There are plenty of grooming services that will undertake anything from a basic wash to a professional-quality groom, interior shampoo and even an engine steam clean. Expect to pay $100-$200 for a really good clean inside and out, but it’s not hard to hit $500 if you start ticking boxes for extras like headlight restoration (yes, they can do that and the result is great on an older car) or a proper machine cut and polish.
If you’re selling privately, that probably means you’ll use a listings service like DRIVEN.co.nz. So that absolutely means you need good photographs, which is where so many sellers really let themselves down.
It doesn’t have to cost anything because any modern mobile phone will take great shots. You just need a little technique.
Start with a clean car and pick the right time of day; early morning or late afternoon are best, as the sun is lower in the sky and you’ll avoid hard/harsh light and shadows, to showcase paint and shape.
Avoid taking pictures in your driveway if you can. Stay away from trees (bad reflections) and choose a nice open space and clean background - an open car park, for example.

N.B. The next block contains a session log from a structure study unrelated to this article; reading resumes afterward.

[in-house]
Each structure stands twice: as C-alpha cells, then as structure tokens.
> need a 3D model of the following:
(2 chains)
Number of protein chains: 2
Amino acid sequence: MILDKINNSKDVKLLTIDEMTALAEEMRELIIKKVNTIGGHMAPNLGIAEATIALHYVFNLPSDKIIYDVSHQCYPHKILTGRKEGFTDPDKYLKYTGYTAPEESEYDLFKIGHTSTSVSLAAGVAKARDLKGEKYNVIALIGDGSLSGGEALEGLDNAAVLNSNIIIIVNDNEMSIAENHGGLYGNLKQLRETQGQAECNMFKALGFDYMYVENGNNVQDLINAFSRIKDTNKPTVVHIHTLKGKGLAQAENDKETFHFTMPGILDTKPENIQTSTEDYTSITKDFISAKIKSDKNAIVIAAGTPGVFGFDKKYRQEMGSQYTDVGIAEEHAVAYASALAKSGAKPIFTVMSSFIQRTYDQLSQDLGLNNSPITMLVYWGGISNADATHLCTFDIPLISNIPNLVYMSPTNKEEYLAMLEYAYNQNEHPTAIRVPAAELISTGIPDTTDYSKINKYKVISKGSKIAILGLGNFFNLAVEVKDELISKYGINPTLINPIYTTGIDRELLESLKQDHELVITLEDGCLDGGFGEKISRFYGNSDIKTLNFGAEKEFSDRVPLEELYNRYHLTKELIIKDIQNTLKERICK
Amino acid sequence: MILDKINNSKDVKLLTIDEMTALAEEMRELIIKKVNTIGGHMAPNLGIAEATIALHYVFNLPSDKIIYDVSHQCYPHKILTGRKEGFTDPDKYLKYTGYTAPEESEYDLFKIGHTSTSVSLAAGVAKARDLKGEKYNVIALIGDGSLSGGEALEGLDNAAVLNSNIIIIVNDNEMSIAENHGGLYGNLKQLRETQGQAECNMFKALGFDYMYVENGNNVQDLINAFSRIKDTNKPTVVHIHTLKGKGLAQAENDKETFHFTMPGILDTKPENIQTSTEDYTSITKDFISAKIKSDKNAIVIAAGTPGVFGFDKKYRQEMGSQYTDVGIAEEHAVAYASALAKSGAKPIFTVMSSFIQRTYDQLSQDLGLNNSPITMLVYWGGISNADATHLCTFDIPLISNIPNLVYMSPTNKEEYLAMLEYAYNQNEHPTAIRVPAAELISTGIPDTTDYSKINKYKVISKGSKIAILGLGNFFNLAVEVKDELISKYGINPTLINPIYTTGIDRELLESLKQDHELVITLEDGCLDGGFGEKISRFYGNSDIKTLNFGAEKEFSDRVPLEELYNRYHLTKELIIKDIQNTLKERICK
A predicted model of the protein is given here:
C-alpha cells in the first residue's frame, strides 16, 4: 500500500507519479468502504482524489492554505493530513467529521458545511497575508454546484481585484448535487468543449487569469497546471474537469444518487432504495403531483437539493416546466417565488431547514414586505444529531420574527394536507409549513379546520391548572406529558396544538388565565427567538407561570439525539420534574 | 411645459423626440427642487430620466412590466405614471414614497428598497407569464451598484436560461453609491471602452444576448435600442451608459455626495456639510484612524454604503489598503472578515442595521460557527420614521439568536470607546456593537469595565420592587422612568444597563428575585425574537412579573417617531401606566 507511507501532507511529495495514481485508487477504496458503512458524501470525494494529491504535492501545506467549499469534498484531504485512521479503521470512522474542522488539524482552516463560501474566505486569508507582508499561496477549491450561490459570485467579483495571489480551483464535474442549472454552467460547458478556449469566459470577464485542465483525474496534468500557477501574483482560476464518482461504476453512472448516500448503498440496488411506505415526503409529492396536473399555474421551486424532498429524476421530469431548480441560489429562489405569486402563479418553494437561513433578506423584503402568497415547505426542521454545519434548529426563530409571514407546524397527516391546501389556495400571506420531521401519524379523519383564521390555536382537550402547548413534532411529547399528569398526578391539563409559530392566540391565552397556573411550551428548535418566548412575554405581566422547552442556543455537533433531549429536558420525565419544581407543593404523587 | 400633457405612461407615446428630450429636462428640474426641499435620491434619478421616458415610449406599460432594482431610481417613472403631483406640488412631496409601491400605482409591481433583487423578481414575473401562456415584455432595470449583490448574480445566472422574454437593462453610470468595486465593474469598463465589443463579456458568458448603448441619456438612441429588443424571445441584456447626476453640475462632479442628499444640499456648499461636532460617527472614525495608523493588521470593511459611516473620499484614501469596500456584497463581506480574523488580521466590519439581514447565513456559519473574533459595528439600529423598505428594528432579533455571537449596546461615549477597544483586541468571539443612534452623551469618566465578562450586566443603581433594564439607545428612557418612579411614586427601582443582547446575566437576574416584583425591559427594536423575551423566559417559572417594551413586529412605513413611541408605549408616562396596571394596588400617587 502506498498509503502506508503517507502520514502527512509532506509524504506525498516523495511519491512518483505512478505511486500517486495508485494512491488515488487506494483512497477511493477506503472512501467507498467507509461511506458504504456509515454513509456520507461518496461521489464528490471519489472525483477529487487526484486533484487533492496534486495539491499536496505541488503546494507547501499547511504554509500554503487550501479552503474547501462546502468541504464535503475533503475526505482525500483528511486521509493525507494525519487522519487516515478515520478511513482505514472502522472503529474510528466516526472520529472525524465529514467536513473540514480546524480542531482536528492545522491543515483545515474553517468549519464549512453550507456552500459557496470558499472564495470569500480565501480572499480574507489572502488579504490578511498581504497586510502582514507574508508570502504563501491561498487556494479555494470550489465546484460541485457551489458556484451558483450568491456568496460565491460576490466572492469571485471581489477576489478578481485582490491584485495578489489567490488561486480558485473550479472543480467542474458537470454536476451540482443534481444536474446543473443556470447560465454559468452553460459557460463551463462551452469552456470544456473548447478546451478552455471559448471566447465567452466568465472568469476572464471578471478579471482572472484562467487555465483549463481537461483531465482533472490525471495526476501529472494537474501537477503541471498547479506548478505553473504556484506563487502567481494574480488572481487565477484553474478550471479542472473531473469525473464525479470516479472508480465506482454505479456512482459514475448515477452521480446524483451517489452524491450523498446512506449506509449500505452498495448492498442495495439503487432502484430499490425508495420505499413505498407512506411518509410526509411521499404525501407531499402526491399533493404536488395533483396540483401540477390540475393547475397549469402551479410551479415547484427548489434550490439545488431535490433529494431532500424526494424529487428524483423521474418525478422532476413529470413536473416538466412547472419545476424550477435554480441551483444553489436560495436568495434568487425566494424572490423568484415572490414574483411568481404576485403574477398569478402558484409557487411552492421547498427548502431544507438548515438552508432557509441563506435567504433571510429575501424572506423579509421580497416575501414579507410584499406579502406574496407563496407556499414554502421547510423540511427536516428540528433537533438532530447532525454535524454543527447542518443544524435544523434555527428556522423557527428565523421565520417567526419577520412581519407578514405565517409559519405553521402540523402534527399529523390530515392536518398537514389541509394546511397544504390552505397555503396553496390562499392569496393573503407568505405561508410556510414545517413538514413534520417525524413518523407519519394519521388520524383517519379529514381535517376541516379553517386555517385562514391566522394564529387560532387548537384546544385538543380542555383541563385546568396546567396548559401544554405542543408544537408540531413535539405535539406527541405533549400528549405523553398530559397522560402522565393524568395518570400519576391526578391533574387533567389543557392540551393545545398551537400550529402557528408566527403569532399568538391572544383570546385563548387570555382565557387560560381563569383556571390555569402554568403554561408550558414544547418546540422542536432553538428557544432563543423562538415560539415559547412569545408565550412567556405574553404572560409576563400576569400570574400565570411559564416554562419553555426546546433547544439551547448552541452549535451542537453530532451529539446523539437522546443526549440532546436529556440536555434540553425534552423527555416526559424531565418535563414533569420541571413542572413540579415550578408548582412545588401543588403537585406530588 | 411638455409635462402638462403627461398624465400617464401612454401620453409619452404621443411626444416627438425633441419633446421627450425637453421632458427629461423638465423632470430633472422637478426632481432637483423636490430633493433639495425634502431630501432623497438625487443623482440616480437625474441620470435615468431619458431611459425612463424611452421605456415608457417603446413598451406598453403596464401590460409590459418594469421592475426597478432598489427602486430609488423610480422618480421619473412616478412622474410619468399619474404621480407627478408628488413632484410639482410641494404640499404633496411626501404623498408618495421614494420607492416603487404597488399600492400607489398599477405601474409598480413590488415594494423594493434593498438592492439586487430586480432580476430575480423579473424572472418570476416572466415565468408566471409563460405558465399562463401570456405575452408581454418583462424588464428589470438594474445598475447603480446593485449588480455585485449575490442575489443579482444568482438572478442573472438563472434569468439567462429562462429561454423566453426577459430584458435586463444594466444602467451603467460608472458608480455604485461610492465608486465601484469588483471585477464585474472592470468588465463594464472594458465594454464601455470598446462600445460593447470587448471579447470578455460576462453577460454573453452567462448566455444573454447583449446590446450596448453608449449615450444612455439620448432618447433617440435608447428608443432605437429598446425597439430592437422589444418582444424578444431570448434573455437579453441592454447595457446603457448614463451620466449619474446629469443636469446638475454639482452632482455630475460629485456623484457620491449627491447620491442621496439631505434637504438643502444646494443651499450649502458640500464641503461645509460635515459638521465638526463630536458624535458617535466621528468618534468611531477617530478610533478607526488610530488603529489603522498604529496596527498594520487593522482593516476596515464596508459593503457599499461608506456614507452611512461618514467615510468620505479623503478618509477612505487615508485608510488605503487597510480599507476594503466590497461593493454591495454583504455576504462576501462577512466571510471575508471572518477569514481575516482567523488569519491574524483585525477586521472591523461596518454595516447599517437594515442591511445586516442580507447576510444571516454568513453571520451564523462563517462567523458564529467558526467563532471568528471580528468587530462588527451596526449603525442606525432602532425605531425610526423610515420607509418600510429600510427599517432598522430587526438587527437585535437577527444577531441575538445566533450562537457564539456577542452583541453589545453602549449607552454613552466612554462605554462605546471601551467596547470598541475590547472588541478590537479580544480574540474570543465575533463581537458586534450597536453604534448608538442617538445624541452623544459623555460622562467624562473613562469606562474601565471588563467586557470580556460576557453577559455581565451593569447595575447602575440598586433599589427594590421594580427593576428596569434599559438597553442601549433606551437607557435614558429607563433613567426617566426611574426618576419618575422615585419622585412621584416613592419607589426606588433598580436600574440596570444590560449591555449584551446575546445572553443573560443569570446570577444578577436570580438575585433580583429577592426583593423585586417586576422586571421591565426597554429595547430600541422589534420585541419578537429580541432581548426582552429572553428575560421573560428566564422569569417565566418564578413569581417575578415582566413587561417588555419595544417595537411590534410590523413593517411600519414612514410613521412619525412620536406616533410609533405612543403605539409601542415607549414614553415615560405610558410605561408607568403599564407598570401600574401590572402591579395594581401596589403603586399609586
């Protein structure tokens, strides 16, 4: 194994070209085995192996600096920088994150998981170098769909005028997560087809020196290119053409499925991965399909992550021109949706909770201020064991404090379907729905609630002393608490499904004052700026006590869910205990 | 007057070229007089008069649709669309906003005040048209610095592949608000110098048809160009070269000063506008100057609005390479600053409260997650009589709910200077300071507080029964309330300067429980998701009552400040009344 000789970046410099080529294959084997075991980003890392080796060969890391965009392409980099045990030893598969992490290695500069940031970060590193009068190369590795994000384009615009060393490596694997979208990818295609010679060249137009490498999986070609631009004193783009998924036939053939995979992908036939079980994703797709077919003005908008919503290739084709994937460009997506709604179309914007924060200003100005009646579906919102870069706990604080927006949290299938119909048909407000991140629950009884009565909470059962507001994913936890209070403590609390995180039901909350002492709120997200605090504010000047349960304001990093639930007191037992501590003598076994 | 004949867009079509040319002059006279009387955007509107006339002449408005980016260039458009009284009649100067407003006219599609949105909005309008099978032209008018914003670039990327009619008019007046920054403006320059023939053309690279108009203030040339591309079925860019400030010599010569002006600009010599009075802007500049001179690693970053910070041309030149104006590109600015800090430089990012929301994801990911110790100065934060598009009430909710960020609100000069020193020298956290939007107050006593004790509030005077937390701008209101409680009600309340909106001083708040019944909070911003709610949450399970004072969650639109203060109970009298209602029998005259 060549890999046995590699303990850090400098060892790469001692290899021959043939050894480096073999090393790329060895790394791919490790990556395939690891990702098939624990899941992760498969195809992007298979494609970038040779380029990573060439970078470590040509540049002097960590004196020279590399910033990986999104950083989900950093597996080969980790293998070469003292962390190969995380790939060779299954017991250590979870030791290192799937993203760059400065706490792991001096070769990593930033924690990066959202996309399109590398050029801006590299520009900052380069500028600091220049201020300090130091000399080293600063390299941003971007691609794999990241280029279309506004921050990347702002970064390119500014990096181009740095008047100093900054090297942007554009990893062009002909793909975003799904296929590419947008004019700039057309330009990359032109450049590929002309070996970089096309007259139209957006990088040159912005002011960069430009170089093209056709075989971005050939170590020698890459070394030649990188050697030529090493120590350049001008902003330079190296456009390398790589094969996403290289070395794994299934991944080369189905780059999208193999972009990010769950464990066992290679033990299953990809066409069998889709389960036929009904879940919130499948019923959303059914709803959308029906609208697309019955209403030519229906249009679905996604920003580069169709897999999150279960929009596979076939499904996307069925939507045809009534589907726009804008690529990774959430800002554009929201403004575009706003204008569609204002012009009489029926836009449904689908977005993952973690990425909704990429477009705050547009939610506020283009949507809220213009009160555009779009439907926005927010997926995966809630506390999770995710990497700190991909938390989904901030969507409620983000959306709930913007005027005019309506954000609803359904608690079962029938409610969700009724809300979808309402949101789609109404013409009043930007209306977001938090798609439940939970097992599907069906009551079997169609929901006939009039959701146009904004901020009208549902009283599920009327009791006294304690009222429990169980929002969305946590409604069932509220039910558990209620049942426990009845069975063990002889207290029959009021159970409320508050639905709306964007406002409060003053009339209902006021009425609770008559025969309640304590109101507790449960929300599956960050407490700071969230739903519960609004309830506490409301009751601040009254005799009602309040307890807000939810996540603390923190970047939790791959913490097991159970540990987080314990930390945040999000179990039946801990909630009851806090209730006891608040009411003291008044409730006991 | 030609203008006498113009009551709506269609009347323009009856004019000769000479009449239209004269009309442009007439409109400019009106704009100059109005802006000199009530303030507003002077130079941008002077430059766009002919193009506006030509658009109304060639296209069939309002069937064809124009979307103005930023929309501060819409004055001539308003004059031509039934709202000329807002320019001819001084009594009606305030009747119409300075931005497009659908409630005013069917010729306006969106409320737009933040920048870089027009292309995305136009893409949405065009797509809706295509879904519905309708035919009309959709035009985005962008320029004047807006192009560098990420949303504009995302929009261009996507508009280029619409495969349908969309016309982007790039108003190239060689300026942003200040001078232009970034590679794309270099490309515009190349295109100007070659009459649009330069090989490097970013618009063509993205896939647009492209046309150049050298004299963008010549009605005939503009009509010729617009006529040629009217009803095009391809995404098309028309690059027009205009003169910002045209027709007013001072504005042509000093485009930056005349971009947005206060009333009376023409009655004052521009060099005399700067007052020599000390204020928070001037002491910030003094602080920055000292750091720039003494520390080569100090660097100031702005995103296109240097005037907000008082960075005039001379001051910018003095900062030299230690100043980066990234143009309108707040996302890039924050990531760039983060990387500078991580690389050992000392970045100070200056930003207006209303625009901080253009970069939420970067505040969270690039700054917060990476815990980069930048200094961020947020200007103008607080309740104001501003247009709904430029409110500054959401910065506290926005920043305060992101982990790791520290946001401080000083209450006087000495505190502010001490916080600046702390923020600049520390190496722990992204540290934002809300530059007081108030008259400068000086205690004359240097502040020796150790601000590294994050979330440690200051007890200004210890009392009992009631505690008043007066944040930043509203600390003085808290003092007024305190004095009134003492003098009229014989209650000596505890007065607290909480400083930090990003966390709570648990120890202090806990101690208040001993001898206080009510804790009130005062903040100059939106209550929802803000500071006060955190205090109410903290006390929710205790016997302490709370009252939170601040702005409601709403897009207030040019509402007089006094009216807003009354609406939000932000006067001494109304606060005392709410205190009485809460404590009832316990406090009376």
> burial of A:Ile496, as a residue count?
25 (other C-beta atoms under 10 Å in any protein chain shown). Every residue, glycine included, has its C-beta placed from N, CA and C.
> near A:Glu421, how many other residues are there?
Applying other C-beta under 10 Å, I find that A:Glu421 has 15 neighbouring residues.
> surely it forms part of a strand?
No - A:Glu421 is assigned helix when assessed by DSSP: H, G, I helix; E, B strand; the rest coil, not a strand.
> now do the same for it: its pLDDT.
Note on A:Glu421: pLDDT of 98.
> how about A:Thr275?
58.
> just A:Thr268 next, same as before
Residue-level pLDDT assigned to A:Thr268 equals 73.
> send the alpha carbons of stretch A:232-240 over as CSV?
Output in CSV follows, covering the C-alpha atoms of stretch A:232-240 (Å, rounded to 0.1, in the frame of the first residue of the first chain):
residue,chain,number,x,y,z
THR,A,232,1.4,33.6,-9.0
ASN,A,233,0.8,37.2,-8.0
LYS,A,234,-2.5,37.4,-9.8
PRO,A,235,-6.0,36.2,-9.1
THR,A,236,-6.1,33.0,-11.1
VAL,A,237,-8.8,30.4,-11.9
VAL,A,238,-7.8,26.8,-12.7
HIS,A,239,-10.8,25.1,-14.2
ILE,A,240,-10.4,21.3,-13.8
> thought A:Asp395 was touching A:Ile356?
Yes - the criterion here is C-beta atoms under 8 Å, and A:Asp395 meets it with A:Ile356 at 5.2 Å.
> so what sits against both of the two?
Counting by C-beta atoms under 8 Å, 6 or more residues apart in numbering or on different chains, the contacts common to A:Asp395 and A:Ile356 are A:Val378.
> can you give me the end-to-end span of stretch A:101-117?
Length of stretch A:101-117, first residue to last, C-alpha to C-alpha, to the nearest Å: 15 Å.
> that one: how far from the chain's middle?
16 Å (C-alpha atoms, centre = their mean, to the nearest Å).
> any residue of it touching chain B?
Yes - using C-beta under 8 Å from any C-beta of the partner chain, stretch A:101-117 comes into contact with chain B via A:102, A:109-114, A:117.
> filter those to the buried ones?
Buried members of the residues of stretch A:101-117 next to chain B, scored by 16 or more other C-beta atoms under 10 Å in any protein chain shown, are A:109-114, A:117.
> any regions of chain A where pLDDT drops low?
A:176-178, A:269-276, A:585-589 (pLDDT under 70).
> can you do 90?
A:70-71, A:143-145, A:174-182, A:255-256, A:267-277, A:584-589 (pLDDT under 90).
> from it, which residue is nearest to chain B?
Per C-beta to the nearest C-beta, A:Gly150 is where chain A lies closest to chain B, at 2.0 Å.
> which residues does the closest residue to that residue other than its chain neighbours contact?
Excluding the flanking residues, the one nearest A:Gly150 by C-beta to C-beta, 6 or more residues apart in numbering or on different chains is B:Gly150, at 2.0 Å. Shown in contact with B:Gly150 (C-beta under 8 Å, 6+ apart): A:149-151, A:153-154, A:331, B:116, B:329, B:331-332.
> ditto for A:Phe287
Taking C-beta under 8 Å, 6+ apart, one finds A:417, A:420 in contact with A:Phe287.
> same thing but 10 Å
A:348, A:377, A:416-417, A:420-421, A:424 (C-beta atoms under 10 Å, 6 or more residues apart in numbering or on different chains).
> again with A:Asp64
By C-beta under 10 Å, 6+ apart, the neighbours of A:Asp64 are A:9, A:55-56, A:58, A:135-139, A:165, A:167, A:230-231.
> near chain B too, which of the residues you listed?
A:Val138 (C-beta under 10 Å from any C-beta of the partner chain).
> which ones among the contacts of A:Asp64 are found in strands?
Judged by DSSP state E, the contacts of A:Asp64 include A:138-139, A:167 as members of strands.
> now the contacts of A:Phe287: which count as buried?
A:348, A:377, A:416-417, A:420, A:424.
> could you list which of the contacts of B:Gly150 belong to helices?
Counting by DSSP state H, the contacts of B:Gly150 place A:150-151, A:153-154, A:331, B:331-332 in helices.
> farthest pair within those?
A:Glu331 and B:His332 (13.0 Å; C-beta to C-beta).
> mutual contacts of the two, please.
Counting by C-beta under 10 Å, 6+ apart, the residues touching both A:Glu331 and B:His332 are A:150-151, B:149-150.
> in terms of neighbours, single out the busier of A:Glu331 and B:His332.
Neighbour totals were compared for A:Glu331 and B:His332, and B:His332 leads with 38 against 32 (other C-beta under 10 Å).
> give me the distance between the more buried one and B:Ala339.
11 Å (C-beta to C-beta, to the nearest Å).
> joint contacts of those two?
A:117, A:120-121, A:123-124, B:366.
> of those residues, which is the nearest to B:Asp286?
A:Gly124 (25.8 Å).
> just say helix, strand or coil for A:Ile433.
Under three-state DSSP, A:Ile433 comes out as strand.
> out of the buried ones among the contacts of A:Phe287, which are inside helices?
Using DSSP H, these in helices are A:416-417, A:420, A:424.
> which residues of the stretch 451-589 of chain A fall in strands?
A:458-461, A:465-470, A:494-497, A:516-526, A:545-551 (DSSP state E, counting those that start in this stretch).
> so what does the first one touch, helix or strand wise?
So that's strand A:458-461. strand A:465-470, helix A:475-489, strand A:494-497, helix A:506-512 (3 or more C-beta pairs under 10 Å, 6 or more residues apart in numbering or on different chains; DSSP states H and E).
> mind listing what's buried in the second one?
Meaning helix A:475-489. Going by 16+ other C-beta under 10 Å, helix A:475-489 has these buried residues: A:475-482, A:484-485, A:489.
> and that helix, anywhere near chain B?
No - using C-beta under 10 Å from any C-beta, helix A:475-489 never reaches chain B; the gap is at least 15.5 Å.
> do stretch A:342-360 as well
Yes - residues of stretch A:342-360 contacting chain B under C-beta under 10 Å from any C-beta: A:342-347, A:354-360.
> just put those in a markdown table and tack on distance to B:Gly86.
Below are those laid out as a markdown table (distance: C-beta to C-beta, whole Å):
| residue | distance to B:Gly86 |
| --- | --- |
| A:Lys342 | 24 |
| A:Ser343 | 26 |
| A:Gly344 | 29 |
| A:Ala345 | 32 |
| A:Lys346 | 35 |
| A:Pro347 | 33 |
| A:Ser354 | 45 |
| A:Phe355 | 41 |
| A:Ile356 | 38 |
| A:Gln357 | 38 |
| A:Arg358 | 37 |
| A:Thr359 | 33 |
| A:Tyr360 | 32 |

It’s up to you what angles look best for your car, but make sure the sun is behind you and shining on the surfaces you’re shooting. It’s usually best to photograph a vehicle with the phone/camera around the height of the headlights, which gives the car more personality and is usually the most flattering angle. Basically, that’s how you make a car look “cool” in a picture. And give the lens a clean/wipe, too.
Also, stand back just a bit and zoom in, to avoid distorting the car with a wide-angle image.
The interior is really important because potential buyers will want to see it in detail. Get the car out of the sunlight for that (preferably with it directly behind you, so the whole cabin is shaded). When shooting the dash, be mindful about your legs in the shot, and things like a straight wheel may not be a deal breaker, but they look better – like not having coffee cups or junk in the console.
You don’t need to go overboard with the imagery – just the basic front three-quarter, profile, rear and interior will do the trick if they are of really good quality. But if you reckon your car has some cool details, include shots of those too. Don’t forget – you’re selling a dream!
Now you’re ready to sell; next week, in our final part, we’ll look at the choices of getting the best price and speed of sale, either by private, trade-in or dealer purchase.